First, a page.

Benito Juarez

October 2012
Upon entering Mexico City’s main international airport I was, if I'm honest, just a little bit scared… In fact, what am I saying… I wasn't just a little bit scared… I was bordering the horribly paranoid and utterly petrified.

This though was not always the case, for in fact, from back home in England my thoughts of Mexico were far too romantic for me to be scared. Yes, Mexico for me conjured up romantic images of walking along white sandy beaches, drinking tequila and wearing overly sized sombreros. But my visions didn't just stop there for there was also the warm sunny weather, the history and the culture, the music, the language and of course there was also the food too!

It was perfect. Or at least it was going to be until I arrived in North America....

...Yes, this past seven months, Canada and the US have together somewhat forcibly extracted my once romantic vision and effectively soiled it beyond all recognition.

For you see, whether it be the drugs, the violence, the gangs, the crime, the assaults, the muggings, or the “express” kidnappings, the vision of Mexico from North America is far less romantic than what I had envisaged back home.

In fact I have been unable to go even one conversation without being urged to “be on the lookout”, “take extra care” or perhaps even “to rethink my options.”

As such, with these seven long months of fun-filled horror-stories, I stepped out in to the arrivals lounge rather more petrified than I had once envisaged doing so from back in the UK.

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Keen then not to look like a “lost tourist” waiting to be taken advantage, I marched out in to the lounge with my head held high, hopefully forcing the impression unto others that I was a man on a mission and completely in control.

Unfortunately however I could not continue this stance forever and minutes later I found a quiet bench from which I could sit down and try to begin building a little familiarity with my new surroundings.

Gaining familiarity however was not to be a lasting concern as I knew I was destined to be here some eight or so hours. You see, having developed such a stark fear of being here alone I had asked if my first host Nancy would be kind enough to come meet me right here at the airport. 

Thankfully, it was to my delight that she agreed, but as a consequence of my decisions, it meant I would have to wait the full 6 hours before she finished work and the further 2 to allow her to travel across the city and over to the airport.

So what to do? Well first up I figured I’d message my host to let her know I’d arrived safely and also to let her know where exactly in the airport she would be able to find me later in the day.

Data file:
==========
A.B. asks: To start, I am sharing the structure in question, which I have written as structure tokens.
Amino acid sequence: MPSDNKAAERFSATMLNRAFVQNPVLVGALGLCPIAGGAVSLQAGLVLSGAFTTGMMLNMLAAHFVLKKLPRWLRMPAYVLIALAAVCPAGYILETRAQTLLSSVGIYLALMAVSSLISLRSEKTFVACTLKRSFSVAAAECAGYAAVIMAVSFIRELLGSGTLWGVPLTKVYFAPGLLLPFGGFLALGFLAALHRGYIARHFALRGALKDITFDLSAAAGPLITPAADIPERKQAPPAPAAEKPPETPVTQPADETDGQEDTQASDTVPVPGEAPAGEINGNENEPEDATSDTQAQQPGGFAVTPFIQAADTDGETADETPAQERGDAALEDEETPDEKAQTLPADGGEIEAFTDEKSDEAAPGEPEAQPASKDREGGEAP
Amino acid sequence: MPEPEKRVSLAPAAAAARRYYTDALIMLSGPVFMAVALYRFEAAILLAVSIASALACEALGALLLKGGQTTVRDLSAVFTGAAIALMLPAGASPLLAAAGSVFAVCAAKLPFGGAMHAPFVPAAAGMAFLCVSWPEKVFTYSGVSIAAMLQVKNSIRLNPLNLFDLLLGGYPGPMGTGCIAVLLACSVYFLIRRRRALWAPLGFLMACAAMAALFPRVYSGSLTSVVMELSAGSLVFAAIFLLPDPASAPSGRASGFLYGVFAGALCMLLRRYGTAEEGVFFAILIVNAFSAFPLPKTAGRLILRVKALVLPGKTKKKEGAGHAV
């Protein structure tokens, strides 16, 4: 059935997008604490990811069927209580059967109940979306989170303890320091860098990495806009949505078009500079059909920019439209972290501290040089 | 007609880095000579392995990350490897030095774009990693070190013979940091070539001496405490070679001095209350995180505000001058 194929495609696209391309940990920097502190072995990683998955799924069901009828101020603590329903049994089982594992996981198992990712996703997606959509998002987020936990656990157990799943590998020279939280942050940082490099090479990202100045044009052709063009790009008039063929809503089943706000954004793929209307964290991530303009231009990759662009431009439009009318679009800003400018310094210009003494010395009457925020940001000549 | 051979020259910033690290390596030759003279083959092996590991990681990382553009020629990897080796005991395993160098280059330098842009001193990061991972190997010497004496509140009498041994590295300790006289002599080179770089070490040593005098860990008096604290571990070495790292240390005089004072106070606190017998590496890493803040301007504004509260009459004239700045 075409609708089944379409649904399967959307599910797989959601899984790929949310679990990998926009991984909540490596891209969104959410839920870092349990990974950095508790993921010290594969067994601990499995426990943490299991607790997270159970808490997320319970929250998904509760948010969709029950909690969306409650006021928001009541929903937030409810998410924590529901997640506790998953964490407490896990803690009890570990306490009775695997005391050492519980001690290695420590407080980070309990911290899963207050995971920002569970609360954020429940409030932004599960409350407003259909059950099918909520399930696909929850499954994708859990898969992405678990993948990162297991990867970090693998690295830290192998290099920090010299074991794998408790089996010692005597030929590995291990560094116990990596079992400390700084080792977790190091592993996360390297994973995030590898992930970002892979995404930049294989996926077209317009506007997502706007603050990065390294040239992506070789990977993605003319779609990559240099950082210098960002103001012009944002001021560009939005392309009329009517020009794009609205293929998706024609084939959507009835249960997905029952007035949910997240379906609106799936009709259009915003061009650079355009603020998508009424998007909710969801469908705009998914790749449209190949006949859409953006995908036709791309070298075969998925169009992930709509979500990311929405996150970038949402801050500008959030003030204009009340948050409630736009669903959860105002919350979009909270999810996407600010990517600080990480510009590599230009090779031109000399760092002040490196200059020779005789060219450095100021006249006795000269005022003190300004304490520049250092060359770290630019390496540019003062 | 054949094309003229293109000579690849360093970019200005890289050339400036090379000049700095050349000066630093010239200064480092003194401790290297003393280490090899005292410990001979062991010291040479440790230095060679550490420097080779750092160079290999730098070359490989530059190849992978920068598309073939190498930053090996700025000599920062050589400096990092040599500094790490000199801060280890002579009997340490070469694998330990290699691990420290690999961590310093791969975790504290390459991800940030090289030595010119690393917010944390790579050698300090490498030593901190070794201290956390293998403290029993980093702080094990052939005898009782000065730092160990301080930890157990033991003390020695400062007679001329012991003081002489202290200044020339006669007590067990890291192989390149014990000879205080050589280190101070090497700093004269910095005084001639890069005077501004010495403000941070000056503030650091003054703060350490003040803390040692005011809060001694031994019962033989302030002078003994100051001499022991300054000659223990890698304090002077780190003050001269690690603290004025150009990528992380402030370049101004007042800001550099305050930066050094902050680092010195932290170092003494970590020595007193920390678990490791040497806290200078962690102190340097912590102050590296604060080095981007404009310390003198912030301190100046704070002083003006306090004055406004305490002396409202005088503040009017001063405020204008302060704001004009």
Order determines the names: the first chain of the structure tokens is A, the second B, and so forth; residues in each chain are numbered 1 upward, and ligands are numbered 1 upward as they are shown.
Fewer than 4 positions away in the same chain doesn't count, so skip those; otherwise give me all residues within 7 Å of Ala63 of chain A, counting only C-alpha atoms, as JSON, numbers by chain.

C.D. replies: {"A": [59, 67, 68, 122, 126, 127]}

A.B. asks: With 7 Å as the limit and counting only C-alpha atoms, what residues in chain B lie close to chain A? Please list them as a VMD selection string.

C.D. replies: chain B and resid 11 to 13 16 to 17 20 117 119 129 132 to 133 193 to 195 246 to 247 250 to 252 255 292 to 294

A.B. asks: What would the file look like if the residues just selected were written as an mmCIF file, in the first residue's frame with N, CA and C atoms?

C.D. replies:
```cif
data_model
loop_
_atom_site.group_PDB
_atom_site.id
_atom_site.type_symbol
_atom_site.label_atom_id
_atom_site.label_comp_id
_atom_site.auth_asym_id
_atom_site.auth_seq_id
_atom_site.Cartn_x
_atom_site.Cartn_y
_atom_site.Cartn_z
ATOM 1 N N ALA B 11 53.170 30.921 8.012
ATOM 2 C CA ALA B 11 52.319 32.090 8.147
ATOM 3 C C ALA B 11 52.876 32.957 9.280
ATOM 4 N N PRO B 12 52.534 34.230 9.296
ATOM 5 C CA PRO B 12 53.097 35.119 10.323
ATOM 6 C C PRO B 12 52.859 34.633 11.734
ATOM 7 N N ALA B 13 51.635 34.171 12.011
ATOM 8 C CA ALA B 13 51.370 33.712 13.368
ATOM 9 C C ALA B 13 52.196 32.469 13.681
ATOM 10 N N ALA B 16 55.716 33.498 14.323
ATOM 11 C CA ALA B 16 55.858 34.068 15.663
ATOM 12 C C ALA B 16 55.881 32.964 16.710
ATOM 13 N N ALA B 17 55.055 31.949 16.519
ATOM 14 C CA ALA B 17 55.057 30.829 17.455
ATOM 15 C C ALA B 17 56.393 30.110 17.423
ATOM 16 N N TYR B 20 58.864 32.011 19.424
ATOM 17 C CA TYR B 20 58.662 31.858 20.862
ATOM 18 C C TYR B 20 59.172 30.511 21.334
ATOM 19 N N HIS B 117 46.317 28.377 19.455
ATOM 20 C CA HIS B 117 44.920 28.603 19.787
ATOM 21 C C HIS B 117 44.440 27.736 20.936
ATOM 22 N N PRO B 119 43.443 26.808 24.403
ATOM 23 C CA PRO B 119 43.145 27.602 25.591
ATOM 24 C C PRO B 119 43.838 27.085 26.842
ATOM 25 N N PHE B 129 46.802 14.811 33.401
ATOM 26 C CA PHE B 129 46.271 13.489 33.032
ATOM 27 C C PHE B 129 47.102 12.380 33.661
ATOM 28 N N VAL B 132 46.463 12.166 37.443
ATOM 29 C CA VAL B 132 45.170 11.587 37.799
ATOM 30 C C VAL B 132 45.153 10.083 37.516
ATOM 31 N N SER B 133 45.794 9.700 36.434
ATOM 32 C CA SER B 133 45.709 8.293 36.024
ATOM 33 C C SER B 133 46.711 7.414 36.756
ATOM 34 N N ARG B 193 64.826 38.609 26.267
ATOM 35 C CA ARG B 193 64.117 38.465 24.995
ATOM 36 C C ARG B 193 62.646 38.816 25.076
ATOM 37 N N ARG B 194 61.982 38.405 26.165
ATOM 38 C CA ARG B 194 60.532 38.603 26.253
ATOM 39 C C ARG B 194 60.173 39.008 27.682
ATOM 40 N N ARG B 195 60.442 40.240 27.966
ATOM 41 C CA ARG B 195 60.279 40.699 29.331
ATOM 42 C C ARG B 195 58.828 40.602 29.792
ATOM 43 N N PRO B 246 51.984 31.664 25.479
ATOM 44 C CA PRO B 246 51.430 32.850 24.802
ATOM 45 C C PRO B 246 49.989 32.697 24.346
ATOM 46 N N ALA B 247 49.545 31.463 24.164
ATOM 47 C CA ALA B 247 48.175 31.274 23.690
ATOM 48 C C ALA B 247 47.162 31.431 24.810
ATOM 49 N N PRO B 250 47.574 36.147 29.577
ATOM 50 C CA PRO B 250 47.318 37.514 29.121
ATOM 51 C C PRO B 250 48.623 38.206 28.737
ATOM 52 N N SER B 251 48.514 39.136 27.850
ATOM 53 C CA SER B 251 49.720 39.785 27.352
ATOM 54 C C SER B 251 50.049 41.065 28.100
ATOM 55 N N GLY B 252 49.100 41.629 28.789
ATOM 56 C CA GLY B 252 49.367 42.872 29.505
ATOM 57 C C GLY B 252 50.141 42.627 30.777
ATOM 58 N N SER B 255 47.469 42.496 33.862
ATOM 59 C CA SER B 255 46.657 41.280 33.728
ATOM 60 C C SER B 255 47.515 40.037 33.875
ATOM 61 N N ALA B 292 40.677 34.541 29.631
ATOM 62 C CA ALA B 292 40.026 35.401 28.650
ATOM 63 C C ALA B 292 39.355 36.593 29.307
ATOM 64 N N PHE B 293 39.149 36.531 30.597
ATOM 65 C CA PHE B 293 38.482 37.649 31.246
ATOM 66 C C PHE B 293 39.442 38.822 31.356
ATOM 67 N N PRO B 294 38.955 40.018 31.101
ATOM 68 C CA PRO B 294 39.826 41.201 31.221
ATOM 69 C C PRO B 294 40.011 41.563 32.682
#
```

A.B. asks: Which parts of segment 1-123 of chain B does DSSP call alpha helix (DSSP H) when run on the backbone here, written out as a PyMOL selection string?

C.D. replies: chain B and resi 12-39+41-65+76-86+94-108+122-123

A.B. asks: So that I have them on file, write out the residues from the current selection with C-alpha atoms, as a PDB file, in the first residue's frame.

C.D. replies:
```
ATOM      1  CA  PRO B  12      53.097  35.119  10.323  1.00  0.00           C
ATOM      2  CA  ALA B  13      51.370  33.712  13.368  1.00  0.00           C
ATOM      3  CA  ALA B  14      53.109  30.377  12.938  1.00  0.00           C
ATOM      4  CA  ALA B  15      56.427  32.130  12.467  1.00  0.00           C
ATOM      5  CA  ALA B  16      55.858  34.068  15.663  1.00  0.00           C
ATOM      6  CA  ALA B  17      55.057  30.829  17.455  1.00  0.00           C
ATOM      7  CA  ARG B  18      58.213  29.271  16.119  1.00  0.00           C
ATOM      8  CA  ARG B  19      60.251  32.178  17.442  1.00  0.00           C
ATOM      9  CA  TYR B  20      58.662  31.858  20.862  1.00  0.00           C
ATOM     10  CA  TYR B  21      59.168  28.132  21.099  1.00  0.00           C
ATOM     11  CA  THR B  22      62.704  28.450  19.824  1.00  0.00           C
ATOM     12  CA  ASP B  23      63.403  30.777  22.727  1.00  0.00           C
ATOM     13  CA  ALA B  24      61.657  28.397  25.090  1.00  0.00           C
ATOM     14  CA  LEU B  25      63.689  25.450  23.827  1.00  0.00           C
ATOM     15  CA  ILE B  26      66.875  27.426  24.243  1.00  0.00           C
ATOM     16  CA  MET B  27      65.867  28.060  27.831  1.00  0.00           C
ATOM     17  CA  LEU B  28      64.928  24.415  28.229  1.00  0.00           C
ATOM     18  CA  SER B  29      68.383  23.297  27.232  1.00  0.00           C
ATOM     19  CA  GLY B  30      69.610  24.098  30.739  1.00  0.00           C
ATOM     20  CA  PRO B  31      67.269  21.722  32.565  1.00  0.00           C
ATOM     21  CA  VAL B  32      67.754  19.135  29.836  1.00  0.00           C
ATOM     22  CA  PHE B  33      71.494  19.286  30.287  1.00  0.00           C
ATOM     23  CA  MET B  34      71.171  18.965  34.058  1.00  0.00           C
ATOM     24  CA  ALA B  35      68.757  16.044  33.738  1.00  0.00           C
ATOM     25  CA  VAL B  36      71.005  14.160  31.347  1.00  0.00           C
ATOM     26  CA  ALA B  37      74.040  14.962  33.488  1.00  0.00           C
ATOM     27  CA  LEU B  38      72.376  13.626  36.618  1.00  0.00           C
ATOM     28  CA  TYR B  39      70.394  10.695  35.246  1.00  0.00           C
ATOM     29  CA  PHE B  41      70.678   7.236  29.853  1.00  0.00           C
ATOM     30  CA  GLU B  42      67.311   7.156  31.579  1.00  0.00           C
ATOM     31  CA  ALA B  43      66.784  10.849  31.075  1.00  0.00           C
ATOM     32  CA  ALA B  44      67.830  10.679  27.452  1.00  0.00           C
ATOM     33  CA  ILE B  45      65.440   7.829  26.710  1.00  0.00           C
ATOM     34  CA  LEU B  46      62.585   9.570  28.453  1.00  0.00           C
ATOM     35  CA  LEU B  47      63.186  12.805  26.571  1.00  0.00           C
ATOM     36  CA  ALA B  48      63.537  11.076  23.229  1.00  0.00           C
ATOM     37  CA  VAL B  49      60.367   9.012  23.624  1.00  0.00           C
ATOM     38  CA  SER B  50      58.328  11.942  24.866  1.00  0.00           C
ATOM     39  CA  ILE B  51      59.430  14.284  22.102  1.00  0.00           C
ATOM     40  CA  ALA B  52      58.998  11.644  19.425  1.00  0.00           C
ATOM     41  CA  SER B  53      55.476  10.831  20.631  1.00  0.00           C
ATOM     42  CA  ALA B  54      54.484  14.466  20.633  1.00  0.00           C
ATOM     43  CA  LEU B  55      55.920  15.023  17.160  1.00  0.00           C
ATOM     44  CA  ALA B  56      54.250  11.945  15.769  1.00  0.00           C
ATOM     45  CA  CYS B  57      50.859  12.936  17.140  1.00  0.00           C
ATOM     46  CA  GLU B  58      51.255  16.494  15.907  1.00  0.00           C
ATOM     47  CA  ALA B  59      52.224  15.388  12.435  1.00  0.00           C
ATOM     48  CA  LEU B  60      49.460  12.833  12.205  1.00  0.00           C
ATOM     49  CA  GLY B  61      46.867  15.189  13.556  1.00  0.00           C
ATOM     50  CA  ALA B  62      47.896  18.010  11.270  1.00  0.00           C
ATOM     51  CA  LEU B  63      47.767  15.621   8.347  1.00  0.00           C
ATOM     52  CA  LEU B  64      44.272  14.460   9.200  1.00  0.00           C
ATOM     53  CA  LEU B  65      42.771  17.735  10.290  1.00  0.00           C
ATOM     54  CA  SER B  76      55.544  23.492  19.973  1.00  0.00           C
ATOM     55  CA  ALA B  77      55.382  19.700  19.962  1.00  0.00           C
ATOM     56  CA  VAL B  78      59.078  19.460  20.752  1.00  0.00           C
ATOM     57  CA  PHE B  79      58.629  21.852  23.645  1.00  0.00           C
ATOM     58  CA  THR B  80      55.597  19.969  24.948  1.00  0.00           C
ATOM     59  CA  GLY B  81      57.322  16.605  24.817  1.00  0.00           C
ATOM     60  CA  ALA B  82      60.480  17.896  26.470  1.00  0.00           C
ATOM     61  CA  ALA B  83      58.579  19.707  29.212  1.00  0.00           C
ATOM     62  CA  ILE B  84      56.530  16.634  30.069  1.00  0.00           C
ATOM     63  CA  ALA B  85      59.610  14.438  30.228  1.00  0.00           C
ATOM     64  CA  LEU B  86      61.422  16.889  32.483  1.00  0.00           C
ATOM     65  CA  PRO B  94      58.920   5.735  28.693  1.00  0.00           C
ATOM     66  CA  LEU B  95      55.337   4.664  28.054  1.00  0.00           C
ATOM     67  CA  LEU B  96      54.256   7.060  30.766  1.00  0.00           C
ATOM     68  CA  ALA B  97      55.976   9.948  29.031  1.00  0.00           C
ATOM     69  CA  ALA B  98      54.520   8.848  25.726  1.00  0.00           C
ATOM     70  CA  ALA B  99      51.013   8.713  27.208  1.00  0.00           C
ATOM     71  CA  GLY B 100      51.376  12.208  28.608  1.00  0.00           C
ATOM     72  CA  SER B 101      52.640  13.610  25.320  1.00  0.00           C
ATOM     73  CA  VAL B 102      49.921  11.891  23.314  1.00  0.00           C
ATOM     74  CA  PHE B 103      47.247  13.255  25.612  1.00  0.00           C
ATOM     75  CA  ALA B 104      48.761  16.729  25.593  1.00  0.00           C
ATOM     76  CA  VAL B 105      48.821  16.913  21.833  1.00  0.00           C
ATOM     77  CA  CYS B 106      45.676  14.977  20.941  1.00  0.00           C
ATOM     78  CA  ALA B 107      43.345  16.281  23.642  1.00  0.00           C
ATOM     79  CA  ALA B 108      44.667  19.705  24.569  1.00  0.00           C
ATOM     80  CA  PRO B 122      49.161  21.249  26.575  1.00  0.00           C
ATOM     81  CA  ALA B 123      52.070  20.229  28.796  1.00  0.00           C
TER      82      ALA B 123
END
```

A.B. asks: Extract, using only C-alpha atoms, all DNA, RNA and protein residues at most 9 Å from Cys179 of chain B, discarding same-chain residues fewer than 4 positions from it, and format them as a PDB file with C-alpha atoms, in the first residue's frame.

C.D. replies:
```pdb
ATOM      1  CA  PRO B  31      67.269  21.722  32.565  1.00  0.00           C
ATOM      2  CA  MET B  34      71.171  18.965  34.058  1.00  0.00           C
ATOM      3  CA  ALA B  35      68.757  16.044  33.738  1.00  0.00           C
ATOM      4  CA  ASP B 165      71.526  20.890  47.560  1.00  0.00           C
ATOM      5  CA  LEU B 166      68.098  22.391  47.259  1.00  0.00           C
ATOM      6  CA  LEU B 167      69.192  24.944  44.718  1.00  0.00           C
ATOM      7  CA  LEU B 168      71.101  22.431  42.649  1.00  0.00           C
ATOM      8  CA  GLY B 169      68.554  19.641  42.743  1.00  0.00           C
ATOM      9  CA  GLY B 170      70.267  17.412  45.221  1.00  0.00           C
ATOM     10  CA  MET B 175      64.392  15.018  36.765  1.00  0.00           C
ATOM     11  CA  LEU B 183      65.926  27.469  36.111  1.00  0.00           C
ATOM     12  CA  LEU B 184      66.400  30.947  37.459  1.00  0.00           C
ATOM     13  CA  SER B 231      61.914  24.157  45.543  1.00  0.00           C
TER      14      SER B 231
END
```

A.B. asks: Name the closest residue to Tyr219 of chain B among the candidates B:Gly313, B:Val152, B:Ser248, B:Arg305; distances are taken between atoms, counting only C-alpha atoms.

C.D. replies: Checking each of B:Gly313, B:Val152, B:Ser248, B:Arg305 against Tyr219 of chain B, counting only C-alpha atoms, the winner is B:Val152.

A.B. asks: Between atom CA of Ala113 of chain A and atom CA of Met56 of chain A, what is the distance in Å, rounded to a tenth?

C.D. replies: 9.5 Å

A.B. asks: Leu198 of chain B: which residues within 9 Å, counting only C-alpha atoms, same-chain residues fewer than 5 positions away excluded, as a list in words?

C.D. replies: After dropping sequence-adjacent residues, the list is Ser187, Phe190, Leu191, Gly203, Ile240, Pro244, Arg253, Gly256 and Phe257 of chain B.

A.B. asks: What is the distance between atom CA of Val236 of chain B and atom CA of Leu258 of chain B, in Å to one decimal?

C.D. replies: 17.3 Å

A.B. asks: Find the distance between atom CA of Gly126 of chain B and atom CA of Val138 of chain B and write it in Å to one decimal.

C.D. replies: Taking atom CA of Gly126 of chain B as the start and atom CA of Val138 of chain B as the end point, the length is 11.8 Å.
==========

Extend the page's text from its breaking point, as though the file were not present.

Cautiously reaching for my phone then, I discovered a problem – no available Wi-Fi. Yes, dozens of connections but not one that didn't require a password.

Figuring however that there must be a sweet spot somewhere in which I could connect, I passed the best part of an hour moving from one bench to another all in the hope that I’d stumble in to this apparently elusive open connection.

Try as I might though, it wasn't to be. Rather, the only thing I stumbled in to was the realisation that I had no choice but to speak with somebody and hope to obtain a password for one of these many connections.

This however was to prove problematic for I had never before tried to speak Spanish with anybody other than myself and the almost inevitable embarrassment was reddening my face before I had even opened my mouth.

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Almost ironically then, it was in an effort to avoid this exact situation that I some 18 months ago bought myself a Spanish textbook from which I could learn some basic expressions. However, despite this book weighing down my backpack for the past 7 months, I have yet to read anything past Chapter 3 (of 27). 

So in an attempt then to steer off my nerves I convinced myself that with this being an International Airport, the staff would be able to speak a good level of English and the concerns currently weighing on my mind were to be completely unwarranted.

Sitting then nice and close to helpdesk, I waited until nobody else was in line as the last thing I wanted to do was have an audience of people bearing witness to the horror that could be about to take place. 
I felt like I was going to have a heart attack
Approaching the kiosk I felt like I was going to have a heart attack.

          “Get. It. Together” I thought to myself.

The woman looked up and I immediately forgot what I wanted to try and say.

Seconds passed but eventually I remembered, “Tu hablas ingles?” 

Immediately I knew my pronunciation made my words sound as foreign to her as they did to me and it was clear she hadn't a clue what I had tried to say.

         “Do you speak English?” I went on to ask expectantly.

Her response was at first utterly void and gave me literally nothing to go on. Then, all she could do was shake her head and look embarrassed for me.

          “Fuck” I thought to myself. “This isn't going half as well as I had hoped.”

An hour later and after repeating this horror story with several other members of airport staff, I am pointed towards Starbucks where it was implied I could obtain a password printed on my receipt.